Art: Shipping Center
Donald Demers’ first submission to a juried maritime art exhibit fared only
slightly better than the painting’s subject. The Thomas W. Lawson was a huge,
seven-masted, early-20th-century schooner that naval historians regard as an
intriguing failure. It launched in 1902 and wrecked five years later in a storm
off the coast of England.
“It’s an ugly, ungainly vessel,” says
Demers, who entered his depiction of the ship in the 1979 Mystic International
Marine Art Exhibition, a show that is sponsored by the Maritime Gallery at
Mystic Seaport museum in Mystic, Conn. “Why I chose to paint it, I don’t know.”
Demers adds that his painting, though it did not win any prizes, was selected
for display and did find a buyer. “It was sold to a descendant of the captain of
the vessel,” he says, “hopefully never to be seen again.”
Demers may dismiss
his Lawson painting, but it did initiate his involvement with the Mystic
gallery, and that connection eventually allowed him to curtail his career as an
illustrator and pursue maritime art full-time. In 1988, the gallery offered
Demers his first one-man exhibition. On opening night, he sold 19 of the 22
works that he painted for the show. “Prior to the show, I worked [on marine
paintings] weekends and nights and whenever I could fit it in,” he says. “After
that, I was a marine painter who did illustrations.”
Demers has continued to
enter the Mystic International exhibit and has won 16 prizes, most recently
earning the 2006 Maritime Heritage Award for Pilot’s Peril, an image depicting a
schooner in danger of being rammed by a steamship. He sold the painting for
$18,000 during the run of the show.
The 28th annual edition of the Mystic
International exhibit opened September 29 and will continue through November 11
at the Maritime Gallery. The gallery received 400 entries and chose 140 works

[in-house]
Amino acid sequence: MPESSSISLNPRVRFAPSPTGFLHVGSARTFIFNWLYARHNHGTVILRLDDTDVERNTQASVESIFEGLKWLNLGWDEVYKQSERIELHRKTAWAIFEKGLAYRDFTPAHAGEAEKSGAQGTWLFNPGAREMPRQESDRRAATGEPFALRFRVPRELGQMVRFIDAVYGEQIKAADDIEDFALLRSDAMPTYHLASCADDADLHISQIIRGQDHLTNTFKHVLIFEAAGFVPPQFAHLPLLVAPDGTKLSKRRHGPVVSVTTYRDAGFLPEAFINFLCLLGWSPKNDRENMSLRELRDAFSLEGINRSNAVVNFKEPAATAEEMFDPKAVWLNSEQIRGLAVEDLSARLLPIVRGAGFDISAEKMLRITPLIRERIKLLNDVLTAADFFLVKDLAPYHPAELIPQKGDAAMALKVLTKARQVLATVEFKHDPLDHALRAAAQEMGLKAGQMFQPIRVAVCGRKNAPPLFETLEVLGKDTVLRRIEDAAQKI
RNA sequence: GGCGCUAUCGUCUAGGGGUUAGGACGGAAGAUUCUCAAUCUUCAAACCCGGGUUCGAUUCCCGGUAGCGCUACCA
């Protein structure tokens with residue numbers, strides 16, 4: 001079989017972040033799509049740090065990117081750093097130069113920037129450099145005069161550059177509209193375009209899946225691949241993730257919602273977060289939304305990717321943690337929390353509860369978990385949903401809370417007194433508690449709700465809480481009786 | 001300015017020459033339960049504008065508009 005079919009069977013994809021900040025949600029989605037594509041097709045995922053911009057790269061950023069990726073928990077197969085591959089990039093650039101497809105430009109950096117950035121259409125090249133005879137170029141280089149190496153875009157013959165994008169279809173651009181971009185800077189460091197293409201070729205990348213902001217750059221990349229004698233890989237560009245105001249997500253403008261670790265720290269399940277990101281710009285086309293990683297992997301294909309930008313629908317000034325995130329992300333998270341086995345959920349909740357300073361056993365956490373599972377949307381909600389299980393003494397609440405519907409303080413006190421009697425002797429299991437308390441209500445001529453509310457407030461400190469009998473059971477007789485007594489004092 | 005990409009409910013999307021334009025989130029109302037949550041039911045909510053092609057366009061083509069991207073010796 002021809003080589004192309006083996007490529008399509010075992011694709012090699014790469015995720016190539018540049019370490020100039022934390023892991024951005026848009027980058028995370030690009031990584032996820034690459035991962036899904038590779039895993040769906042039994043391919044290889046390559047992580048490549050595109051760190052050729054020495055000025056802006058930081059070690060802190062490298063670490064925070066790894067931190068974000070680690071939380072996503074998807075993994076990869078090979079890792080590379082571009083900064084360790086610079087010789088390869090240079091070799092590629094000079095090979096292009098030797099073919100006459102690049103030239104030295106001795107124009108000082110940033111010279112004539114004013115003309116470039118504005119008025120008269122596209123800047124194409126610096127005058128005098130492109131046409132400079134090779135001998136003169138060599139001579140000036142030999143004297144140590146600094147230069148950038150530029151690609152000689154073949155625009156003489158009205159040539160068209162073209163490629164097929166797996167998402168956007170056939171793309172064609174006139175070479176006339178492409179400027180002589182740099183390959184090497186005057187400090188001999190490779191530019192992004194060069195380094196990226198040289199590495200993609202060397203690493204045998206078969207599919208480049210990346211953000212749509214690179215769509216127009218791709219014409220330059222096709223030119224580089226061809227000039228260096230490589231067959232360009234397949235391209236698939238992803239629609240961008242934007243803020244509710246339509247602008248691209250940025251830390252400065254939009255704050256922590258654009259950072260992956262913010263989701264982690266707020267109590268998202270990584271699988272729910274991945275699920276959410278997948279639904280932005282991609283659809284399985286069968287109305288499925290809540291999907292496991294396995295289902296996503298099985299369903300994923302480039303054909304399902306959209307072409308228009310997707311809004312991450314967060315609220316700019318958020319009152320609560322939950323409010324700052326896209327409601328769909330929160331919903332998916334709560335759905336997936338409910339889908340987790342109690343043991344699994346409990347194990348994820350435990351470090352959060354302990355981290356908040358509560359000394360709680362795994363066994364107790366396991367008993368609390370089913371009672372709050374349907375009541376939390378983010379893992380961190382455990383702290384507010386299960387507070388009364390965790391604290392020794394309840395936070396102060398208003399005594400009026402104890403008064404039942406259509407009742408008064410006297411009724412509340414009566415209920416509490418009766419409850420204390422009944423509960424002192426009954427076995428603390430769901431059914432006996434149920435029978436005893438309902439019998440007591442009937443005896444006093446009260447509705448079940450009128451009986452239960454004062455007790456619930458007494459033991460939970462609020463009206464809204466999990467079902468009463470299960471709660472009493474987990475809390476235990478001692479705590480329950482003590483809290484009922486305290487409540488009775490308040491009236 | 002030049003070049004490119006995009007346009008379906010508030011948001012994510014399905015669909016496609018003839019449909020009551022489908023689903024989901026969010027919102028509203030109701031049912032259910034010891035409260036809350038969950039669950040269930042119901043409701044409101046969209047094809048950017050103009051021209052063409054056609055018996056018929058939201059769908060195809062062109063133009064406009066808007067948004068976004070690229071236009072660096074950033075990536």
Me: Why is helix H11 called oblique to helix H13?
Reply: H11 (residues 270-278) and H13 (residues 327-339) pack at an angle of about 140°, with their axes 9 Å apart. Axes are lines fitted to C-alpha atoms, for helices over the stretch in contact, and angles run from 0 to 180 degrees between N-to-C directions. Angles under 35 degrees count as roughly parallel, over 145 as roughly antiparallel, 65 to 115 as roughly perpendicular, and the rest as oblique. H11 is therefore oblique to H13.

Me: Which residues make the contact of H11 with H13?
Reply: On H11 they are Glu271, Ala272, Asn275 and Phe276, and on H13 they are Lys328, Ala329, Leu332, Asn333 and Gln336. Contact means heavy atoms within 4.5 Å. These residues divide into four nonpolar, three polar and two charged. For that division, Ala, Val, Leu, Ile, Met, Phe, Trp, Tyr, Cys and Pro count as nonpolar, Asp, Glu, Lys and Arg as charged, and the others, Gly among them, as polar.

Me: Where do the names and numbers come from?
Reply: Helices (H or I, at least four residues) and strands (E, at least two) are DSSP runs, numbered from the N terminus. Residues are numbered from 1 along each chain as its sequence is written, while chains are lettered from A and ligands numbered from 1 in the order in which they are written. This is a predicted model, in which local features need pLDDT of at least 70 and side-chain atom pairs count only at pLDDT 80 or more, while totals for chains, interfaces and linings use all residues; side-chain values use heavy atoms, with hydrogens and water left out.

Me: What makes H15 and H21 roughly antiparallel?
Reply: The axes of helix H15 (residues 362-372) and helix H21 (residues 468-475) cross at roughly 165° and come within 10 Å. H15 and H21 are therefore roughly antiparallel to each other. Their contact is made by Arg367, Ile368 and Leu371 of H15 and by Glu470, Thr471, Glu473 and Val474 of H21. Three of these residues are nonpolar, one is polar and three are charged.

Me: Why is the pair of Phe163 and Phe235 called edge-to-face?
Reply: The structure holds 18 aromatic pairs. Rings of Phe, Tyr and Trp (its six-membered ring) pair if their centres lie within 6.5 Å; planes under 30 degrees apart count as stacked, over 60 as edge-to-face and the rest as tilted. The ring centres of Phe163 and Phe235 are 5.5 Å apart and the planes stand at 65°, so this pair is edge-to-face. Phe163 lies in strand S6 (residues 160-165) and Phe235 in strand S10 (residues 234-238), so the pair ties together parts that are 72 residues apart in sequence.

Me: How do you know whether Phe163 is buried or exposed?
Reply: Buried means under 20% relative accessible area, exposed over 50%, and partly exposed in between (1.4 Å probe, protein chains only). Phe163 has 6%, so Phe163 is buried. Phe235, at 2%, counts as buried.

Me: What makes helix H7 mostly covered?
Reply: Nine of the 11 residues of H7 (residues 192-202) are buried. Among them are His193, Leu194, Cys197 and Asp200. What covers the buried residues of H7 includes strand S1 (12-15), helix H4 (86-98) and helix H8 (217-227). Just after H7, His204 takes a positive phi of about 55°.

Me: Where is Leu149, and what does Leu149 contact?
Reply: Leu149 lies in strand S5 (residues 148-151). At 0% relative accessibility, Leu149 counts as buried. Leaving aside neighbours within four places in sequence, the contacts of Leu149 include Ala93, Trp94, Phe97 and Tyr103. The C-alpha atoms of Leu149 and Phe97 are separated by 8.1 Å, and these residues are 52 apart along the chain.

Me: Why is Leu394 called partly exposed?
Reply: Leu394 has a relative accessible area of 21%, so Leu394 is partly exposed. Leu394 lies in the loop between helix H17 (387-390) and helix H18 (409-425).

for the exhibit. While most of the entries are paintings, drawings, and
sculptures, the gallery also accepts scrimshaw, engraved pieces of ivory. A
panel of two jurors will decide which entries will receive prizes. Every artwork
on display is for sale.
With the exception of works such as Frauke Klatt’s
No Wind, a watercolor that presents a trio of sails as three fanglike points
against a blotchy blue sky, most of the paintings depict realistic scenes.
Original oil paintings by Geoff Hunt, the British artist whose images appear on
the covers of Patrick O’Brian’s novels about Captain Jack Aubrey, hang on the
gallery walls, as do the colorful, folk art–like port town scenes that Maryland
artist Carol Dyer paints. Both artists’ works sell swiftly. Some of the proceeds
from each purchase benefit the 78-year-old museum.
The gallery is open
year-round, but the international show is the most prestigious event on its
calendar. Demers plans to enter the 2007 contest, but in midsummer he was still
mulling over what he might paint. “Right now I’m kicking ideas around, but I
know it’ll be a vessel on the water,” he says. “Maybe a yachting scene, or a
pilot schooner.” One thing is certain: It will not be the Thomas W. Lawson.